125: How to Start a Writing Makerspace

Don’t you love the concept of a makerspace? I like to picture a sunlit loft, filled with art supplies, pieces of wood, workbenches and computers, cozy overstuffed armchairs and live edge counters with high yellow stools. Maybe some George Winston playing through a speaker, a 3D printer humming in the background (do they hum? I’ve never actually seen one), and a box of rainbow-sprinkled donuts over by the fountain. 

Yes, in my dream makerspace, there’s a fountain. 

Now maybe you’re thinking, OK, Betsy, but remember how this is an ELA blog? With ideas for English teachers? 

Don’t worry, I remember! STEAM and ELA don’t have to be divided on this one. A makerspace is just as wonderful for crafting characters, building antagonists, constructing opinions, storyboarding arguments, and doodling moods as it is for building trash-compacting robots and electric engines. 

If you’ve been hanging out for long, you probably already know how much I love the concept of the writing makerspace. And hopefully you’ve already heard the podcast episode, The Power of the Writing Makerspace, when I got to interview Angela Stockman, writing makerspace inventor and pioneer.

But today I wanted to really break it down to feel doable. 


Because it is. 

And help you feel like you can start with it right away. 


Because you can!  

You can listen in to this episode below, or on Apple podcasts, Google Air Play, Spotify or Stitcher, or read on for the written highlights. 

But first, have you signed up for this summer’s Camp Creative yet? We’ll be diving into all things hexagonal thinking in this fun five-day challenge, delivered straight to your inbox. Join thousands of others who have already registered to master hexagonal thinking together in just five minutes a day! 

 

Click here to sign up. 

And now, on to the show!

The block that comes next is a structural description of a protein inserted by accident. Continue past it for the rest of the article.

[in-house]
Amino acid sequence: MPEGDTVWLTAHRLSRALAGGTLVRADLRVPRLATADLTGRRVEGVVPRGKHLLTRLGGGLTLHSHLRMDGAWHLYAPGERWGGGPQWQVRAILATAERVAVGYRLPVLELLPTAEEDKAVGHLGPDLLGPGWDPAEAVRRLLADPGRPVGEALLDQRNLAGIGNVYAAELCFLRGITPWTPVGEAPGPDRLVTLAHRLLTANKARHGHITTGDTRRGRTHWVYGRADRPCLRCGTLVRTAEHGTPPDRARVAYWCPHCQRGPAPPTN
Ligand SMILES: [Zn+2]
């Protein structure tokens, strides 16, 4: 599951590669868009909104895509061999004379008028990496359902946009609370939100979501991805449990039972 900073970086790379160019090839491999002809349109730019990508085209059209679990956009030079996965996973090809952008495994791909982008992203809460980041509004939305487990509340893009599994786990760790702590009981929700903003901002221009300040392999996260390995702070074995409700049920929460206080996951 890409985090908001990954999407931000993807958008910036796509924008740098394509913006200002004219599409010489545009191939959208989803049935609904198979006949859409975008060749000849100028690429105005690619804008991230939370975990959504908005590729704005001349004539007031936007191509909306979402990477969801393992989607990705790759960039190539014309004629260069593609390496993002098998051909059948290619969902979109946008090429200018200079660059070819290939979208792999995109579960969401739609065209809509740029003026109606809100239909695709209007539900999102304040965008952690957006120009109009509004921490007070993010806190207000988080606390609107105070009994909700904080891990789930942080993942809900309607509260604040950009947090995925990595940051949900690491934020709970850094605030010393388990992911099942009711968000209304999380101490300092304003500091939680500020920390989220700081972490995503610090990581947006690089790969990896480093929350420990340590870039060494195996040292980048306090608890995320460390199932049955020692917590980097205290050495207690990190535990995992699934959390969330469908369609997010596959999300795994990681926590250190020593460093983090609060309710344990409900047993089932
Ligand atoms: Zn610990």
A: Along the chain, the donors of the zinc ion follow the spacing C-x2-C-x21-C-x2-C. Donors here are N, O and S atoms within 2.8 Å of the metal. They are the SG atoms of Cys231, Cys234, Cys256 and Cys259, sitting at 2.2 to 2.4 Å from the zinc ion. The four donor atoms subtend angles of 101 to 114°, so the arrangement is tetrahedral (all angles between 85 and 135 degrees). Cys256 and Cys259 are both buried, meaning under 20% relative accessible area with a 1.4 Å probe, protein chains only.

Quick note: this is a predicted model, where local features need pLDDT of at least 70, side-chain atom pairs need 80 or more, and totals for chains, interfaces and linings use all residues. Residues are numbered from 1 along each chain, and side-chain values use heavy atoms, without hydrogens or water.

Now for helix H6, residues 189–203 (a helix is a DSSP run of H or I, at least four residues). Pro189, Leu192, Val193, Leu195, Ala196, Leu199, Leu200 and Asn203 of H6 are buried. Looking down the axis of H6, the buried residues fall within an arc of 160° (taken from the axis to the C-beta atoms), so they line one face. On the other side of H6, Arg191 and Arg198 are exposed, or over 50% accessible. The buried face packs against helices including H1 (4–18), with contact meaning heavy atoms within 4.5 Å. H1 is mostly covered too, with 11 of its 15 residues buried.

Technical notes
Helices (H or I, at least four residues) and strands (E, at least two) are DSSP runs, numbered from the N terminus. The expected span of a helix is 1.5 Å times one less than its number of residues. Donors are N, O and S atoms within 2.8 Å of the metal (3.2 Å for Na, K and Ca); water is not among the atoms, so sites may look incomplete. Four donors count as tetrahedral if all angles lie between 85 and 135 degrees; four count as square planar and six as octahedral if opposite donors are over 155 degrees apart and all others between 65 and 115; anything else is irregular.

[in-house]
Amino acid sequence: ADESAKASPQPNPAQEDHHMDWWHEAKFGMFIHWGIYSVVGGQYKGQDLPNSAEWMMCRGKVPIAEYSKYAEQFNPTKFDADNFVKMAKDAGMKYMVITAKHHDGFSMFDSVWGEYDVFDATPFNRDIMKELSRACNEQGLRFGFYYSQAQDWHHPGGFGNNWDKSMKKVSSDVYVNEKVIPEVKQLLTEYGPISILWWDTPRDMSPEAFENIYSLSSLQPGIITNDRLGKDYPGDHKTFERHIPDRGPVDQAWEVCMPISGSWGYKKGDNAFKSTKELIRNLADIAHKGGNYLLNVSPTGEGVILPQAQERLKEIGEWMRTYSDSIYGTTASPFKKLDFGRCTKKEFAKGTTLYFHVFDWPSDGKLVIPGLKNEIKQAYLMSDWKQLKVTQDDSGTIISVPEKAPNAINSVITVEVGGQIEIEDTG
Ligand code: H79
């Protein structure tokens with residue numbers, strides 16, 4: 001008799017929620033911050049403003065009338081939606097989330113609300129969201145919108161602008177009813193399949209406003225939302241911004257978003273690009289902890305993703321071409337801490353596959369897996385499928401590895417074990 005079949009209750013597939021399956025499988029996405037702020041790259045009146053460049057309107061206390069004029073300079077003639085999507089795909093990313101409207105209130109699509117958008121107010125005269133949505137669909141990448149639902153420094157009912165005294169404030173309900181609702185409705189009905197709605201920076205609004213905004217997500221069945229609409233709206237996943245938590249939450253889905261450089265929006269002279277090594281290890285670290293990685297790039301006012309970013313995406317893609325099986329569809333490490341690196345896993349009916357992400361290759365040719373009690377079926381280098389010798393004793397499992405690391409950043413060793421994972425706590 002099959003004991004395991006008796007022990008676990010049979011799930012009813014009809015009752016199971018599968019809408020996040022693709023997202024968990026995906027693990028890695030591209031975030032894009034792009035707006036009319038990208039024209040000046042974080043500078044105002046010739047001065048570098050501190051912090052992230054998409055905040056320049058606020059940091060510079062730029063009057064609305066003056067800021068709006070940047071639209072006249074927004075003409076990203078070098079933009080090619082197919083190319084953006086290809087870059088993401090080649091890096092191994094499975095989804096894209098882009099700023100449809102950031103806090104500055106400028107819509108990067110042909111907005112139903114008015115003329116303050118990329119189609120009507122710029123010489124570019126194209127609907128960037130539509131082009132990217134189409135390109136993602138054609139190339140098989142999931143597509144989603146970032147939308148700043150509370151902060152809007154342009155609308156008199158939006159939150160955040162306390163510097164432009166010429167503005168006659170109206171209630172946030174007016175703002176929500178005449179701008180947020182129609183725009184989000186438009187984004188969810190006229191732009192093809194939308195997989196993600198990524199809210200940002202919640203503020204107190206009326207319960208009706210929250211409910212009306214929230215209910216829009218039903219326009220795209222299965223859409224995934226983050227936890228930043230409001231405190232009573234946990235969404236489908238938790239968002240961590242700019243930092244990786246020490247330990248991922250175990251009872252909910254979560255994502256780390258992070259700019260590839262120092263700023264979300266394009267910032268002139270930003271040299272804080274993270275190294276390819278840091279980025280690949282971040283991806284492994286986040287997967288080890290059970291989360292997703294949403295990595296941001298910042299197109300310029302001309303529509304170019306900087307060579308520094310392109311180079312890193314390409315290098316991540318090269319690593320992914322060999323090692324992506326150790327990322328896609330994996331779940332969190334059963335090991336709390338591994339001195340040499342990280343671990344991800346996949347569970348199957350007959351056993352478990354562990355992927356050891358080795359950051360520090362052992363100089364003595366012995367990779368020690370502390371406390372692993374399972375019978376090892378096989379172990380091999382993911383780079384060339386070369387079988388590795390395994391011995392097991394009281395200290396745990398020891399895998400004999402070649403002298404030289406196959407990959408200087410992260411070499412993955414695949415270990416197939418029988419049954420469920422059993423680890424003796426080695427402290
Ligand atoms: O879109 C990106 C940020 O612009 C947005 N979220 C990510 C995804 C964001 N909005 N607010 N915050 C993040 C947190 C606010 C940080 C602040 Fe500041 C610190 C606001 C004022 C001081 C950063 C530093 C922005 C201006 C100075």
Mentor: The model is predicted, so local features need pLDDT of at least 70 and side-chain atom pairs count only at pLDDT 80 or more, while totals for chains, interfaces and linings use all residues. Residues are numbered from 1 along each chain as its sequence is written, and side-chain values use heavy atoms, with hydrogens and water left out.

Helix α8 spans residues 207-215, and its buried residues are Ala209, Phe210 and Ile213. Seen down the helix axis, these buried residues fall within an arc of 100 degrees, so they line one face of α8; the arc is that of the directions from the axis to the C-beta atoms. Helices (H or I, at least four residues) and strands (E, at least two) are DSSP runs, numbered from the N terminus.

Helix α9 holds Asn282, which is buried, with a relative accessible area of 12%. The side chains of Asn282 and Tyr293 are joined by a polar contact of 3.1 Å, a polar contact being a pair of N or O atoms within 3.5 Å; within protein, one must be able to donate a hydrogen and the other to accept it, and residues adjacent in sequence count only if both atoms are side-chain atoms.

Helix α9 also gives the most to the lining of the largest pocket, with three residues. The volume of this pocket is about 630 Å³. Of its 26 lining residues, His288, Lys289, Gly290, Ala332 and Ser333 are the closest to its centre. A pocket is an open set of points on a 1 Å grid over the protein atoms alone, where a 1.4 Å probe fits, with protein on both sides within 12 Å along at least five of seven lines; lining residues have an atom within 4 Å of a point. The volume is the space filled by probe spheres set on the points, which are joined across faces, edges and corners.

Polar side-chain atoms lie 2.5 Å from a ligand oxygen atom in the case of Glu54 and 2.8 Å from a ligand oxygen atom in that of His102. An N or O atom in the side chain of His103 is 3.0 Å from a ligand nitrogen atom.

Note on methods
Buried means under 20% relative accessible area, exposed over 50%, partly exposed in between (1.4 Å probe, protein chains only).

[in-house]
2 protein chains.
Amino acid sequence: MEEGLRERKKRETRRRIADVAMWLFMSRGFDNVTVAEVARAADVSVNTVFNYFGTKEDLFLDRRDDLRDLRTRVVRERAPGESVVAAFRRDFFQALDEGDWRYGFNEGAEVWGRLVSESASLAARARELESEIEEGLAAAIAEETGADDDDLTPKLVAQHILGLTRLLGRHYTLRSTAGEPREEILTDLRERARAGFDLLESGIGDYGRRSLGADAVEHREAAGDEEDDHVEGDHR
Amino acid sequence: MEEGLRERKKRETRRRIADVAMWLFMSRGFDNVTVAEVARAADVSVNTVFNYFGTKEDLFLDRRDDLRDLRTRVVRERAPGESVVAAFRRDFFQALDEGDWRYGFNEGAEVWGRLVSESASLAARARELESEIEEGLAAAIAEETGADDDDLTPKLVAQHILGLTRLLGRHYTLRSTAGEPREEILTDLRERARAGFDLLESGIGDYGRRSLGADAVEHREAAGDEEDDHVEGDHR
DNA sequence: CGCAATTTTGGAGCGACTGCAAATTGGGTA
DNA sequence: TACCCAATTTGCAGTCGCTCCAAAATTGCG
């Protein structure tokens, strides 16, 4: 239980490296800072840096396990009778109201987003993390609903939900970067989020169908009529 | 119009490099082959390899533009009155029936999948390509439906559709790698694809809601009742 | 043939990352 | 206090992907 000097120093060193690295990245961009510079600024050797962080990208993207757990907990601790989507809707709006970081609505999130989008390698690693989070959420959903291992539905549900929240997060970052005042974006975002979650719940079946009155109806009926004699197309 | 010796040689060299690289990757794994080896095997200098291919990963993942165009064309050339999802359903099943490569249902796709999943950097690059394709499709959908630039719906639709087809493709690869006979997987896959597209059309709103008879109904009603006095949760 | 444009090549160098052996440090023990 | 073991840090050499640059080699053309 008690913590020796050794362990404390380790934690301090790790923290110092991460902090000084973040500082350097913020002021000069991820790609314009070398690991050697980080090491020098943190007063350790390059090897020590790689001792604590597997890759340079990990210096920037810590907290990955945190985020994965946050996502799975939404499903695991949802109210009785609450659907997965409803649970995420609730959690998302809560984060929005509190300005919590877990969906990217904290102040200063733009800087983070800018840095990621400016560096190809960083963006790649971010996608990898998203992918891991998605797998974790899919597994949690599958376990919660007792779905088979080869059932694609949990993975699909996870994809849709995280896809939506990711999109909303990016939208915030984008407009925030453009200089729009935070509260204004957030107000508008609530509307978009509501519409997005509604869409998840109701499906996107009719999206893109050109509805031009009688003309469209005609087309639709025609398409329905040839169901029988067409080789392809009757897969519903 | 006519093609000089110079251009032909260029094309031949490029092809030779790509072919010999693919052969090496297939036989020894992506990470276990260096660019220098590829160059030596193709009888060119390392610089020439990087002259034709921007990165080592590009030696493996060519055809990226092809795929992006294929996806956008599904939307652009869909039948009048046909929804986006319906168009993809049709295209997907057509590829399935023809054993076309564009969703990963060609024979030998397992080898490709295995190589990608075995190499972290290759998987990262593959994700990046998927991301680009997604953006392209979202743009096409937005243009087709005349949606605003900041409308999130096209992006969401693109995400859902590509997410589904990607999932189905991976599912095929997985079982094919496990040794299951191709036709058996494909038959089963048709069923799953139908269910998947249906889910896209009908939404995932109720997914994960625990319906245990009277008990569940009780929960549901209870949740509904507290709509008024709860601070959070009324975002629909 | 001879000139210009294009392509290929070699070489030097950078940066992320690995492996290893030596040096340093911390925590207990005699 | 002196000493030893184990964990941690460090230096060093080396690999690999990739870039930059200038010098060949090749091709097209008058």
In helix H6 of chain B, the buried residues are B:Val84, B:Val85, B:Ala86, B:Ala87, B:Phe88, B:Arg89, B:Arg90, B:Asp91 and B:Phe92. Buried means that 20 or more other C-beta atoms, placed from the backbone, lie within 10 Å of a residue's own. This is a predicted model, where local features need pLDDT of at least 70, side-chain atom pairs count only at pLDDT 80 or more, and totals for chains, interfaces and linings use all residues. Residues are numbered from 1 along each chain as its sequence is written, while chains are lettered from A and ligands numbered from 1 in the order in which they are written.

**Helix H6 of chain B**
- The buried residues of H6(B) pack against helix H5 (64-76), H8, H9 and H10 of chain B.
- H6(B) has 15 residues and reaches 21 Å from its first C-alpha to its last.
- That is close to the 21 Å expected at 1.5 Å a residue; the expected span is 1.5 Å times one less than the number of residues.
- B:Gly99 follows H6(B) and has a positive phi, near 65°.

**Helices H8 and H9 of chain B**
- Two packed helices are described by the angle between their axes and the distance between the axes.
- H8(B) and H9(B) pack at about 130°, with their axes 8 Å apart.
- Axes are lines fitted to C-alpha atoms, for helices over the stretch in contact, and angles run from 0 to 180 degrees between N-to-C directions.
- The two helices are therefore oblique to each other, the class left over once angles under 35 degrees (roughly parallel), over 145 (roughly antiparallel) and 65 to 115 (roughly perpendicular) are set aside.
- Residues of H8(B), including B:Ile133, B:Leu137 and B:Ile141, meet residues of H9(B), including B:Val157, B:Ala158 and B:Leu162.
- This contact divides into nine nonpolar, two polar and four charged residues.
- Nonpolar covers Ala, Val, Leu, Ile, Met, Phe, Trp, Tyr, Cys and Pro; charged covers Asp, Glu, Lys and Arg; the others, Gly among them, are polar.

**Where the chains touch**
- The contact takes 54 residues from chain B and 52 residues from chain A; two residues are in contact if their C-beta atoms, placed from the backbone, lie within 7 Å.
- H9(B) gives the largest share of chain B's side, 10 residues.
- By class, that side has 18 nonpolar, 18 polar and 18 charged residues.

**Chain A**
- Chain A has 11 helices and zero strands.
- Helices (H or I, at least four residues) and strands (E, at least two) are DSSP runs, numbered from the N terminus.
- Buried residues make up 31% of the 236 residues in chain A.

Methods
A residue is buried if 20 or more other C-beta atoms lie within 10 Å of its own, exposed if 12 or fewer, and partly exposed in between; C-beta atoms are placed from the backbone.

The Basic Components

What do you need to make a makerspace? Well, that’s really up to you. You could get started with a big stack of post-its you got at a rummage sale and some empty wall space. You could get started by painting that old table no one’s using in the back of the storage room with chalkboard paint and pushing it into the corner of your classroom. Your makerspace can look like a Pinterest-worthy Reggio-inspired mini-studio in your classroom, or like a plastic bin full of stuff. The point is just to start, do a project with your students, see what is working, then go from there. 

Here’s a list of things you could put in your makerspace, but don’t NEED. 

  • Chalk. Chalkboard paint. Surfaces you can chalk on. 
  • Whiteboard markers. Whiteboard paint. Surfaces you can Expo on. 
  • Bulletin board(s). Pushpins. Paper. 
  • Blank paper. Notebooks. Sketchbooks. Post-Its. Scraps of craft paper. Contact paper. 
  • Scotch tape. Washi tape. Masking tape. Duct tape. Glue sticks. Glue. Glitter glue. 
  • Loose parts: beads, blocks, pretty glass, legos, screws, bolts, wood, cardboard. 
  • Mark makers: pens, pencils, markers, crayons, watercolors, paint jars, highlighters.
  • Natural parts: rocks, shells, sticks, driftwood. 
  • Clay. Playdoh. Slime. 
One thing that will really help is to have some organizational plan as you build your collection. Maybe that’s a bookshelf you pick up from the front of someone’s house, a rolling cart you got on Facebook marketplace, or just a big bin with lots of shoe boxes you can pull out. Smaller baskets and labels of some kind will be your friend!